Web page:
Sanctions on Businessman Target Syria's Inner Sanctum
Friday, February 22, 2008
The Bush administration yesterday froze the U.S. assets and restricted the financial transactions of Syrian businessman Rami Makhluf, a powerful behind-the-scenes middle man for the Syrian government, in a move targeting the political and economic inner sanctum in Damascus.
As a cousin of Syrian President Bashar al-Assad, Makhluf, 38, is a key player in the Assad dynasty and is the force behind Syria's effort to privatize state-owned enterprises. However, his power over vital business monopolies has helped the government retain control over Syria's most important economic assets, according to U.S. officials and outside experts.
"Once you hit Rami Makhluf, you're at war with Syria," said Joshua M. Landis, a former Fulbright scholar in Syria who teaches at the University of Oklahoma. "When you sanction Rami Makhluf, you're also sanctioning all the people who deal with him, including the wealthiest and most powerful people in the country."
The Treasury Department sanctioned Makhluf under an executive order citing Syrians for alleged corruption. "Makhluf has used intimidation and his close ties to the Assad regime to obtain improper business advantages at the expense of ordinary Syrians," said Stuart Levey, undersecretary for terrorism and financial intelligence. "The Assad regime's cronyism and corruption has a corrosive effect, disadvantaging innocent Syrian businessmen and entrenching a regime that pursues oppressive and destabilizing politics, including beyond Syria's borders, in Iraq, Lebanon and the Palestinian territories."
The move freezes any assets Makhluf holds in the United States and restricts his transactions through U.S. financial institutions. The impact, however, may be largely political and psychological, as he is unlikely to have identifiable U.S. holdings, experts said.
The action was taken under a presidential executive order, signed on Feb. 13, which expanded sanctions on Syria -- covering support for activities related to terrorism, narcotics and intervention in Lebanon -- to include corruption.
The ruling Syrian dynasty was crafted with the marriage of Hafez al-Assad, the longtime president who came from a rural background and was the first in his family to graduate from high school, to Anisah Makhluf, who hailed from a wealthy Syrian family. Since a military coup in 1969, the Assads have controlled politics while the Makhlufs have been big business players. The tradition continues in the next generation, with Bashar al-Assad as president and Rami Makhluf as a leading force in business.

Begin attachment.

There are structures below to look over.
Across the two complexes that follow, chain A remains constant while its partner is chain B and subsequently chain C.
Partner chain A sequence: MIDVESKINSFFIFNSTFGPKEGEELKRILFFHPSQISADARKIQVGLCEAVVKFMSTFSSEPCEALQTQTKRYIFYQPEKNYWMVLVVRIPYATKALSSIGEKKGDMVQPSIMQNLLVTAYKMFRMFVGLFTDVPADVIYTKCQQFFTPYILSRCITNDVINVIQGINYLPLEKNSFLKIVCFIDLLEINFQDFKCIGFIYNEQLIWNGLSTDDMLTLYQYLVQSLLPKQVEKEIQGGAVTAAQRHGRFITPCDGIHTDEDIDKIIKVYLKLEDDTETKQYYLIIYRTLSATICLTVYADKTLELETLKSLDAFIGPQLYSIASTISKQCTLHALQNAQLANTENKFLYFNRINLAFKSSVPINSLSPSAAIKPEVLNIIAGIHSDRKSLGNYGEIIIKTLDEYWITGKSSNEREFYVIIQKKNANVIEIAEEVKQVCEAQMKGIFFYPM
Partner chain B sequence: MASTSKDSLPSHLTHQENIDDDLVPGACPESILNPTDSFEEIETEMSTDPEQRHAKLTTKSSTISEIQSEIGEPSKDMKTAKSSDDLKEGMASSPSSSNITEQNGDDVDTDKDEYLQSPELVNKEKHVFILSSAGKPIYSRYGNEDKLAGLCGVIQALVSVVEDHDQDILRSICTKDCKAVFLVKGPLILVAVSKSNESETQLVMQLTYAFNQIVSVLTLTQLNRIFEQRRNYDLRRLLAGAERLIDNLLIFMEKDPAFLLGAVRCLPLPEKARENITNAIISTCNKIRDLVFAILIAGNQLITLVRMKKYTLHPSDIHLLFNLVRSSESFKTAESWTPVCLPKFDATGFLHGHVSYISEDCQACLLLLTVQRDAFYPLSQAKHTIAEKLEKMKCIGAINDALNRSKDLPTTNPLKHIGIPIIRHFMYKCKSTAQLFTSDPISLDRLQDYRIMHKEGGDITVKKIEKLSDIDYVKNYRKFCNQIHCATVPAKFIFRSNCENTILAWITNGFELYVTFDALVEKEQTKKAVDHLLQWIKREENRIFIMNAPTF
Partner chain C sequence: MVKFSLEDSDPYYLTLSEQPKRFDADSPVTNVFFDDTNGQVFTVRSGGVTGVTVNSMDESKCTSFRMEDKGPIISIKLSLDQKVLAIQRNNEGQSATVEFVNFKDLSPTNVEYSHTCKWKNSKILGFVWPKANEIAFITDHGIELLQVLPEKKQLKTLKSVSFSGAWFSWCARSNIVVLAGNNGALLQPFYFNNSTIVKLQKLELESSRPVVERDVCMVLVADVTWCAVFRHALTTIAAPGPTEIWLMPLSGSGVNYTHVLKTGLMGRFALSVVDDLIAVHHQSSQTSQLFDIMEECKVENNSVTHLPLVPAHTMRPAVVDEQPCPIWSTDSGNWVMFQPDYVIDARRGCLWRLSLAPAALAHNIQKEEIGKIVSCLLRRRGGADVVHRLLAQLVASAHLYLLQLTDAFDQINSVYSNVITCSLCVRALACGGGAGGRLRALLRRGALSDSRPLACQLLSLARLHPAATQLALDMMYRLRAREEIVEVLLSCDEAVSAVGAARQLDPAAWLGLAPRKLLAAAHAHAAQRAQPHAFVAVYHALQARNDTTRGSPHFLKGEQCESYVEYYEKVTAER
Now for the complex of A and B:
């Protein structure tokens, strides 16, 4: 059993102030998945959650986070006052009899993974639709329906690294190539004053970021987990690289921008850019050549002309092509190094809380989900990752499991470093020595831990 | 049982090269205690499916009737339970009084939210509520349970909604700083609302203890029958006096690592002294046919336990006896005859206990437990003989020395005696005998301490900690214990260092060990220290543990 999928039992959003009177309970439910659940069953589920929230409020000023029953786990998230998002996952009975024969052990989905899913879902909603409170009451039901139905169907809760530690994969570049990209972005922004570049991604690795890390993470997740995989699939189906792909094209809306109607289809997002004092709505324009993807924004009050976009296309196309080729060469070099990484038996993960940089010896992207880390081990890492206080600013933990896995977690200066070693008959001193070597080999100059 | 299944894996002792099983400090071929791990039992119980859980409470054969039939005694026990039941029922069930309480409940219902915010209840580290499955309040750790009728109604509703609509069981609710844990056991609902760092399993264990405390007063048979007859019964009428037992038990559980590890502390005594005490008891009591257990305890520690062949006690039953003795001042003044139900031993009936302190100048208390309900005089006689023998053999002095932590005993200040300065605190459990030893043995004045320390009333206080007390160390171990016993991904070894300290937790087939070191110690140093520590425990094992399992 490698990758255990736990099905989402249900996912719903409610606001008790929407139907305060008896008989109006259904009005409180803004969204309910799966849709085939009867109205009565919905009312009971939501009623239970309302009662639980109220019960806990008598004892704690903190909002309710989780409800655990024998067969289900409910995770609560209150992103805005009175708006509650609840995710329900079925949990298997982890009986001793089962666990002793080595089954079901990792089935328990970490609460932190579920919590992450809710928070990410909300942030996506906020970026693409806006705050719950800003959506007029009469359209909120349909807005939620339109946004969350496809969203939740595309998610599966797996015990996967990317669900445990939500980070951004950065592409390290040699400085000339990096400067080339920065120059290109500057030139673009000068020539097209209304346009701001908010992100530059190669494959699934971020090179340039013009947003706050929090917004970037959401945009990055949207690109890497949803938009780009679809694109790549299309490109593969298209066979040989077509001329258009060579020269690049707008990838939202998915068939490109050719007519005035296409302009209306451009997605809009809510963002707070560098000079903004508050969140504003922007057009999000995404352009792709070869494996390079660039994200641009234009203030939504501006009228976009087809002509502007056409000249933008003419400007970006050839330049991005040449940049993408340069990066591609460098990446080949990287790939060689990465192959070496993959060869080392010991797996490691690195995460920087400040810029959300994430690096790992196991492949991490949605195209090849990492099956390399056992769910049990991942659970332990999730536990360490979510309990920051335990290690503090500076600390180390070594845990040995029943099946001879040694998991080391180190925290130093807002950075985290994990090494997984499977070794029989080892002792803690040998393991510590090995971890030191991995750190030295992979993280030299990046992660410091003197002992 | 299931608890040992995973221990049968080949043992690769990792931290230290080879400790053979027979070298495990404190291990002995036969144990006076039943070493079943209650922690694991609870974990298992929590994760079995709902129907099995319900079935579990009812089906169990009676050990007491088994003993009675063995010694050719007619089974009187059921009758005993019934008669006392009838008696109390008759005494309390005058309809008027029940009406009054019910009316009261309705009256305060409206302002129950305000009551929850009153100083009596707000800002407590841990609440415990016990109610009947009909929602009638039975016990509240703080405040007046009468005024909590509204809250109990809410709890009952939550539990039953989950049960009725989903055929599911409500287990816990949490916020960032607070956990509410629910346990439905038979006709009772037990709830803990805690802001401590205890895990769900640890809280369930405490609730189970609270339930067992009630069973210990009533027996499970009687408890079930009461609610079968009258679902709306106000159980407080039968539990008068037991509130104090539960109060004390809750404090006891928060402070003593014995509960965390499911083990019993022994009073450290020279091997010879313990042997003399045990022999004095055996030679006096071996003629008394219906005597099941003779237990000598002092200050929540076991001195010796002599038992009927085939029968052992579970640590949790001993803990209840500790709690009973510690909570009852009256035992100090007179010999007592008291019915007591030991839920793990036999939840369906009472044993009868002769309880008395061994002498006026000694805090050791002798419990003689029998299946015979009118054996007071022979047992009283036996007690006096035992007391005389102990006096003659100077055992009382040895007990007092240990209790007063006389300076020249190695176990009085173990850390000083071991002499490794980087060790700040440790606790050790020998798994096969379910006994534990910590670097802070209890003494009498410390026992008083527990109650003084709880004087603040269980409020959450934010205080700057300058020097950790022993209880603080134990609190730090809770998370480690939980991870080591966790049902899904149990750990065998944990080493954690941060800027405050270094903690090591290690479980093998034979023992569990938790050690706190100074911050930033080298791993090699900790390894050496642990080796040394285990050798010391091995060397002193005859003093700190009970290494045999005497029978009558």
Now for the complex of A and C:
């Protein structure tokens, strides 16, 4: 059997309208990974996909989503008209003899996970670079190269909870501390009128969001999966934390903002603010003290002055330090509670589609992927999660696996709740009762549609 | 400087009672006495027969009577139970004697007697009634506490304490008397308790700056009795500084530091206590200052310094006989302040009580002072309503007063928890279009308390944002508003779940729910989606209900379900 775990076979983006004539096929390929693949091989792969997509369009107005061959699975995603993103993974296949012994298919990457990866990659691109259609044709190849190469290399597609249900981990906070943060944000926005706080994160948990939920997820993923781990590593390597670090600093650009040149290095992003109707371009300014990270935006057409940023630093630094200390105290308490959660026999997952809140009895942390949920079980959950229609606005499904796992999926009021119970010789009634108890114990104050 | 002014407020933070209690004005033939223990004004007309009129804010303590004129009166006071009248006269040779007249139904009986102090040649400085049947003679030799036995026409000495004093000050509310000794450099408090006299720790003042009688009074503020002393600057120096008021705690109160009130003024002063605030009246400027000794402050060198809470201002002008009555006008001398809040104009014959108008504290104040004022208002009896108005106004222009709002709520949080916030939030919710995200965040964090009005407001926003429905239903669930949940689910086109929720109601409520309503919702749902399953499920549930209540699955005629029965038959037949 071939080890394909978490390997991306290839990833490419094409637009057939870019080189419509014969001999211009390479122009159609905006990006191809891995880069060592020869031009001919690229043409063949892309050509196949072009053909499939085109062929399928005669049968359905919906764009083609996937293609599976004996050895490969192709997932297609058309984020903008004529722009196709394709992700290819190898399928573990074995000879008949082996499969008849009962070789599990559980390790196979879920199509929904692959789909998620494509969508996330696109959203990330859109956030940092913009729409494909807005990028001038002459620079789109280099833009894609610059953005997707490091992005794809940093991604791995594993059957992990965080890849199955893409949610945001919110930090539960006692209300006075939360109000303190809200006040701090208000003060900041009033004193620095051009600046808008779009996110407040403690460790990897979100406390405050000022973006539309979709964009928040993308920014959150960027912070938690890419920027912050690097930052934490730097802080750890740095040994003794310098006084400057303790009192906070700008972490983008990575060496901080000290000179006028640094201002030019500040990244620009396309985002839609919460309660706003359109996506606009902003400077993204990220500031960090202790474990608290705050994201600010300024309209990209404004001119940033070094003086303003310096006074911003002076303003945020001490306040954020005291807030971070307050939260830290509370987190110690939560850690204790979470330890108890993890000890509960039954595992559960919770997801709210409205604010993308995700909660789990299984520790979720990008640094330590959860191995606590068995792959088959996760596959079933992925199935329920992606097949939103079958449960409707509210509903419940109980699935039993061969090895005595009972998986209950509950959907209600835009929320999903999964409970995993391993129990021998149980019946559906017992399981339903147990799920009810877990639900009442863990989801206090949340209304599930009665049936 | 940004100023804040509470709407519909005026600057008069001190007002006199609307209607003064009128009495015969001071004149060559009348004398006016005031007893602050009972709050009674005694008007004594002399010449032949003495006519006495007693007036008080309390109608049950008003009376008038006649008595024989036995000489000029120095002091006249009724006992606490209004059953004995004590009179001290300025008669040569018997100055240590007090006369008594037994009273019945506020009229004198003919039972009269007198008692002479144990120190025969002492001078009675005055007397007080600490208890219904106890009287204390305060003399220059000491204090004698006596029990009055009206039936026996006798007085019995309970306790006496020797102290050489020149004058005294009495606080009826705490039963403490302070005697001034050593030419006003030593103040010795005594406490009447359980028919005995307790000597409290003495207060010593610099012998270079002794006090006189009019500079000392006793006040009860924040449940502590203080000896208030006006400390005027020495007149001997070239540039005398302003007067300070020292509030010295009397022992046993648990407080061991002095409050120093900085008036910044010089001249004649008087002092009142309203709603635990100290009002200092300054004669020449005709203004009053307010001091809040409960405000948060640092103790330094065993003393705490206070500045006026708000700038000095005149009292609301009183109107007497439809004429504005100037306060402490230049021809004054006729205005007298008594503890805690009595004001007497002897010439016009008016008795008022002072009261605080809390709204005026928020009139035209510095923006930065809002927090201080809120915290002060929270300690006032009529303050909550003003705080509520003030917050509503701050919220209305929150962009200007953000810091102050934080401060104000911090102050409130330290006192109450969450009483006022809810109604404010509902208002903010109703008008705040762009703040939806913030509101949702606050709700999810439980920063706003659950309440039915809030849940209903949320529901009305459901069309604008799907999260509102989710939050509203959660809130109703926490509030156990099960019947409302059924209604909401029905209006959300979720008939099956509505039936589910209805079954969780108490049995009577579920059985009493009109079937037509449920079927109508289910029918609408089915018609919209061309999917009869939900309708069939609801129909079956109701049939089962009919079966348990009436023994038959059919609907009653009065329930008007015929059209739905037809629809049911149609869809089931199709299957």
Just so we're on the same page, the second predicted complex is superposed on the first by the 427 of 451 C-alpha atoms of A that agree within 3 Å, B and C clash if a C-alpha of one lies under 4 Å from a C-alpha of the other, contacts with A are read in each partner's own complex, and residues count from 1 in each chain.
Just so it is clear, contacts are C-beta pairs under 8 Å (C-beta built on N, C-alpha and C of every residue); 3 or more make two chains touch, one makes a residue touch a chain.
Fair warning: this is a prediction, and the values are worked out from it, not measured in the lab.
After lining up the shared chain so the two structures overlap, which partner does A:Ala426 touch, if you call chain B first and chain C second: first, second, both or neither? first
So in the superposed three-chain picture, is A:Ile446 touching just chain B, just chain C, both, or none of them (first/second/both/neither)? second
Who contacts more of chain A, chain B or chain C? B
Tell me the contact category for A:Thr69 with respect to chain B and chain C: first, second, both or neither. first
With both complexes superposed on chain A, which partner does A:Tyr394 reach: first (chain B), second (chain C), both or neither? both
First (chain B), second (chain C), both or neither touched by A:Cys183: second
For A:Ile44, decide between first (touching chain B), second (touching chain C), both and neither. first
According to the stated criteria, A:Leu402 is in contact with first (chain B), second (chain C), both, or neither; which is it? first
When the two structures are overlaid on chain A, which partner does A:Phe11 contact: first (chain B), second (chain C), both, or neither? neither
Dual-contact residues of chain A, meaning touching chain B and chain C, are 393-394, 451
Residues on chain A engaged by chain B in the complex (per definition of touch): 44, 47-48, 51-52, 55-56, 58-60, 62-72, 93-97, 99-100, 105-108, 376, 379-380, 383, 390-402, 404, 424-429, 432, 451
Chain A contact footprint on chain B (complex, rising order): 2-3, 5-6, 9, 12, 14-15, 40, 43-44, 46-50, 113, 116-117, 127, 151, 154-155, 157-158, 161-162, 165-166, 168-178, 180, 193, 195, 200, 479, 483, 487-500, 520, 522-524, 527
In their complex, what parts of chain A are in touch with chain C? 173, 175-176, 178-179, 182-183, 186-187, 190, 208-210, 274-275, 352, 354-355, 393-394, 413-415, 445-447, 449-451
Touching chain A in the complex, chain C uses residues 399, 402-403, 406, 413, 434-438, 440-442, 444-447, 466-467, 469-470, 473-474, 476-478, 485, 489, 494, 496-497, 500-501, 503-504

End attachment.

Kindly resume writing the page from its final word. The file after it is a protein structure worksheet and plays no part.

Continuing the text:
Makhluf is a top player in Syria's telecommunications, commercial, energy and banking sectors, said Matthew Levitt of the Washington Institute for Near East Policy.
"The considerable role the Assad family, their inner circle and the Syrian security services exert over the economy, coupled with the absence of a free judicial system and the lack of transparency, concentrates wealth in the hands of certain classes and individuals," the Treasury Department said in its announcement. "In turn, these classes and individuals depend upon this corrupt system for their success and fortune. Syrians without these connections are unable to improve their economic standing."
The Bush administration has expanded punitive measures against Damascus in recent months, with the Makhluf family coming under scrutiny. In November, the Treasury sanctioned Hafiz Makhluf, Rami's brother, for his connection with efforts to reassert Syrian control over Lebanon. Syria ended its 29-year occupation of Lebanon in 2005, but U.S. officials have charged that Damascus has been linked to subsequent attacks on Lebanese politicians.
"With these moves, the president of the United States is making it clear that the Syrian regime is anathema and unacceptable to him," said Ammar Abdulhamid, a fellow with the Brookings Institution's Saban Center. The U.S. action comes as the Syrian economy is vulnerable. Oil production is falling, and revenue from oil exports has accounted for as much as half of Syria's government budget, Landis said.
"A lot of people think of Makhluf as a highway robber, and in some ways he is. But he is also one of the few people who can work through the system to get things done," said Landis, referring to Rami Makhluf. "All kinds of banks and people and foreign investors who want to join in Syria's development are going to think twice and think 'What's going to happen to me?' "